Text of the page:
On the West Bank, the Palestinian September has come and gone in an eerie quiet. Abu Mazen returned from the UN to a hero’s welcome in Ramallah, and there were low-key celebrations in other cities as well; but the mass demonstrations that many predicted, and that the Israelis feared, have not materialized. The Palestinian security forces were given strict orders to keep demonstrators away from potential places of friction such as roadblocks, checkpoints, and of course Israeli settlements. Expecting the worst, the Israeli army invested considerable resources in the latest crowd-control technology, including the infamous “Skunk” spray, which disperses an unbearable malodorous mist, and which some of us have experienced in Bil’in and al-Nabi Saleh; but so far they haven’t needed these methods. In the meantime, has anything changed on the ground?
On the morning of Sunday, October 9, members of Cairo’s large Coptic community went to the Abbasiya Cathedral, the papal headquarters of the Coptic Church. They prayed, as a Coptic youth leader told me, “for the day to begin and end peacefully, and for a million people to turn up” at the protest march to the State TV Building planned for that afternoon. But the day would be far from peaceful: by its end, more than two dozen civilians, many of them Copts, and several soldiers, would be dead; and in the days since, many Egyptians have come to regard the events surrounding the march as a dark turning point in the country’s bid to build an inclusive democratic society.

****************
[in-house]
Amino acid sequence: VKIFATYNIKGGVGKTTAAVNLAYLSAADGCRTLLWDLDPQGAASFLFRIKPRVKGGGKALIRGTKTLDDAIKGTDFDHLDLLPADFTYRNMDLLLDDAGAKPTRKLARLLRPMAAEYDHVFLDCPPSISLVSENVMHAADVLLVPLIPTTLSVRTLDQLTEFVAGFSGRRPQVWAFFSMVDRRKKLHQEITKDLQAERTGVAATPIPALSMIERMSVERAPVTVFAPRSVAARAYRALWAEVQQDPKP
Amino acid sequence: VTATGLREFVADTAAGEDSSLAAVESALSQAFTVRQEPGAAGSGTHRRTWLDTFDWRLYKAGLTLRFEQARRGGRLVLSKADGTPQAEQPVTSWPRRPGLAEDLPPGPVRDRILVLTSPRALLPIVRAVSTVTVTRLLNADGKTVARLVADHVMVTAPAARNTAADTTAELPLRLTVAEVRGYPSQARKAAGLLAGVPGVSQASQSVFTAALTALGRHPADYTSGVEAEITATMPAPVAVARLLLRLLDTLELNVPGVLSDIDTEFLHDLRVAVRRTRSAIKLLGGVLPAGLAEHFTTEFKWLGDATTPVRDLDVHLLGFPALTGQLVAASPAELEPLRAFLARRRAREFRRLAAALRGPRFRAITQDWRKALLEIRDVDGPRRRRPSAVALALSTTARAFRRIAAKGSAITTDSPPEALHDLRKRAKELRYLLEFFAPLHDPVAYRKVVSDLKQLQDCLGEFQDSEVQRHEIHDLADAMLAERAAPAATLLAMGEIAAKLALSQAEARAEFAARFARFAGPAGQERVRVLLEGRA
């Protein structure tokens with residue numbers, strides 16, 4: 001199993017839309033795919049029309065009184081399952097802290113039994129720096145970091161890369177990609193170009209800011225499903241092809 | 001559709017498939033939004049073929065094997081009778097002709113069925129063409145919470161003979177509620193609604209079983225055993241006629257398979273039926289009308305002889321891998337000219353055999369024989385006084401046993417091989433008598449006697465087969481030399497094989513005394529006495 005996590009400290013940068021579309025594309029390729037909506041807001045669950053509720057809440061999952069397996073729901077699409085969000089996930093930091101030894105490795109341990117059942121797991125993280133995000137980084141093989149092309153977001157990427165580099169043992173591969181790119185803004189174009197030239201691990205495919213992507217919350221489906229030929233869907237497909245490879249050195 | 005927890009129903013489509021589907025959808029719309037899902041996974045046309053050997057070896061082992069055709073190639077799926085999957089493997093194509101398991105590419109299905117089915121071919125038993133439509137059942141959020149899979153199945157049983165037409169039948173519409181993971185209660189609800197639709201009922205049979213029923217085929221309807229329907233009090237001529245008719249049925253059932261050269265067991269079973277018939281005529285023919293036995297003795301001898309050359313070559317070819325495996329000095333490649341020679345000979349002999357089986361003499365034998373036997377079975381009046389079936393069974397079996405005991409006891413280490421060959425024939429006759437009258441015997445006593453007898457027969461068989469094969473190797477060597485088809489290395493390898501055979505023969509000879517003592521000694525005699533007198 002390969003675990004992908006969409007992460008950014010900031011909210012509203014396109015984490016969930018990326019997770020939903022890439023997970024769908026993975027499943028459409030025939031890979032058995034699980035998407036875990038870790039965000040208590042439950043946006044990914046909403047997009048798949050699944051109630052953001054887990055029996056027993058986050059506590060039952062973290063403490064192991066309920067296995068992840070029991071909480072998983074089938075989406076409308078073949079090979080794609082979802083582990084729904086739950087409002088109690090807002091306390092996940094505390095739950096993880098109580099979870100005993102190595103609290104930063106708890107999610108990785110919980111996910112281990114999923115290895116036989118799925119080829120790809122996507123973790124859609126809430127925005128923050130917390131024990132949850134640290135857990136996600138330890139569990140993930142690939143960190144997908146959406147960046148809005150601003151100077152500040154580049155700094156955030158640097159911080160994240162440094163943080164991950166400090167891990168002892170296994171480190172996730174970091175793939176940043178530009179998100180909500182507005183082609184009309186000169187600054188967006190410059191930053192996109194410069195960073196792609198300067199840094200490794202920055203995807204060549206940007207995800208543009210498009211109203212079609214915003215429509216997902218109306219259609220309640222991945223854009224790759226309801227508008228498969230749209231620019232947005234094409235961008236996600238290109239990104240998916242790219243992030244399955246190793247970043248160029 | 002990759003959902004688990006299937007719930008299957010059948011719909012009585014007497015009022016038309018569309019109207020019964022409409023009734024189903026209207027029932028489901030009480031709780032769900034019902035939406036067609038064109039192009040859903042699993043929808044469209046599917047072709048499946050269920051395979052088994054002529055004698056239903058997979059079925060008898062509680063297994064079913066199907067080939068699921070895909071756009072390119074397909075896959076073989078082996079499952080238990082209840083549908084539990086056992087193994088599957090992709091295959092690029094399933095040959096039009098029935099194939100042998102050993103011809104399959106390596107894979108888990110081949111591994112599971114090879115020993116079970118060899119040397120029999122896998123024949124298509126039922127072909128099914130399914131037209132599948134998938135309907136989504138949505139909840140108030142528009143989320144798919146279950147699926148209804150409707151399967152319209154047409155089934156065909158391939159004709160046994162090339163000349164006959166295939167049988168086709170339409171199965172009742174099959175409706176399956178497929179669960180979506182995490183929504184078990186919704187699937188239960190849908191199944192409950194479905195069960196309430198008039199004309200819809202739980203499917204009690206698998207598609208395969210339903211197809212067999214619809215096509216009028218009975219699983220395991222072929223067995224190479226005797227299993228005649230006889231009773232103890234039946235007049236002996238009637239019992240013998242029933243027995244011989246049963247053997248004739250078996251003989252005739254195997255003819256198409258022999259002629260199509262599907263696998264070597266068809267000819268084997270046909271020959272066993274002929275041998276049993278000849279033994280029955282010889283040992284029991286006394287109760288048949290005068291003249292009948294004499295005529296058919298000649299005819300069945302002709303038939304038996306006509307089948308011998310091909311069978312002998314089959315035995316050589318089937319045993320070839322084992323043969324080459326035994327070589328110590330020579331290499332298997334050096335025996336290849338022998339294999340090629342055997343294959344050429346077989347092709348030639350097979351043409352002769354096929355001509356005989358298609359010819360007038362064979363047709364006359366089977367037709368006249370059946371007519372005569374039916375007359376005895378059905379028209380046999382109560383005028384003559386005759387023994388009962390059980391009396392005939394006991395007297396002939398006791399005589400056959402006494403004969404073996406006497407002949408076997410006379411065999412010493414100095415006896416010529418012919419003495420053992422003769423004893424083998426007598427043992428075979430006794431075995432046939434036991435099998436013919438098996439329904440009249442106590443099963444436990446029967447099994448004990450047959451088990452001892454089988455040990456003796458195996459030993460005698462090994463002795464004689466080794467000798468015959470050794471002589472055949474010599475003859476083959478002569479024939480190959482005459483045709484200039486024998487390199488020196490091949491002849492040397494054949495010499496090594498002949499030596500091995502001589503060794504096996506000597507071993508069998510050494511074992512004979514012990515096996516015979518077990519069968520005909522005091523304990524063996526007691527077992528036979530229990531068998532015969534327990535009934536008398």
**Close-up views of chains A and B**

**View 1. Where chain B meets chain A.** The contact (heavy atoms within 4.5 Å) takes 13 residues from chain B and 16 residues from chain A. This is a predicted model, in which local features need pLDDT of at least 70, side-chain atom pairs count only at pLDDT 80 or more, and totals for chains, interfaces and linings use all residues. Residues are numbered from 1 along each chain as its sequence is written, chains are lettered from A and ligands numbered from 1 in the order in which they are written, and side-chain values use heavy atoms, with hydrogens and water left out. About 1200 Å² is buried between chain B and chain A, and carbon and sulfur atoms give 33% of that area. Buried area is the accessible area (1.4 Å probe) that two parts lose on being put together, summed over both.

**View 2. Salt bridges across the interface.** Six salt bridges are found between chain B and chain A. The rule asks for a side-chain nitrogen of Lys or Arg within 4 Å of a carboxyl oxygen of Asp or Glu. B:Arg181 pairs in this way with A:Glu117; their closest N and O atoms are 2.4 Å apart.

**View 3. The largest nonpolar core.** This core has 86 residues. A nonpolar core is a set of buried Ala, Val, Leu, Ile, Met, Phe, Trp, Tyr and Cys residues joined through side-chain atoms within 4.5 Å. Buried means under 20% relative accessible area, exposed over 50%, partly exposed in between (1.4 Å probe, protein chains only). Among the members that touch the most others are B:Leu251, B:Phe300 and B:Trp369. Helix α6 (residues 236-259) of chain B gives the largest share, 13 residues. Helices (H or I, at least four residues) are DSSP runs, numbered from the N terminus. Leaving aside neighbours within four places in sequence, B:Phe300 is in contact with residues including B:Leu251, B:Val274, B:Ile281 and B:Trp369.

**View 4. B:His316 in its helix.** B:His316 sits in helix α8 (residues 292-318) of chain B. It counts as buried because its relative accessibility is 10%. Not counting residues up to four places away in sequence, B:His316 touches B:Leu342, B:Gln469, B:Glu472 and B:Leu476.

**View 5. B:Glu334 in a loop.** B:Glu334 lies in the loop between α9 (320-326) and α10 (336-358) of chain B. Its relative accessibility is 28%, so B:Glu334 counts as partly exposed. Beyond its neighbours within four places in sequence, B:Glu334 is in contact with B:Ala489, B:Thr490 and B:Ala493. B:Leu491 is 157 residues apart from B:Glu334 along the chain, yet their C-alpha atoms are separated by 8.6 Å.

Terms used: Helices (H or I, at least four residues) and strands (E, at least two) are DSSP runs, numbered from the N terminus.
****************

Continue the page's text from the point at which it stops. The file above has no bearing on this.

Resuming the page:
The landscape of Tranströmer’s poetry has remained constant during his fifty-five-year career: the jagged coastland of his native Sweden, with its dark spruce and pine forests, sudden light and sudden storm, restless seas and endless winters, is mirrored by his direct, plain-speaking style and arresting, unforgettable images. Sometimes referred to as a “buzzard poet,” Tranströmer seems to hang over this landscape with a gimlet eye that sees the world with an almost mystical precision. A view that first appeared open and featureless now holds an anxiety of detail; the voice that first sounded spare and simple now seems subtle, shrewd, and thrillingly intimate. There is a profoundly spiritual element in Tranströmer’s vision, though not a conventionally religious one. He is interested in polarities and how we respond, as humans, to finding ourselves at pivotal points, at the fulcrum of a moment.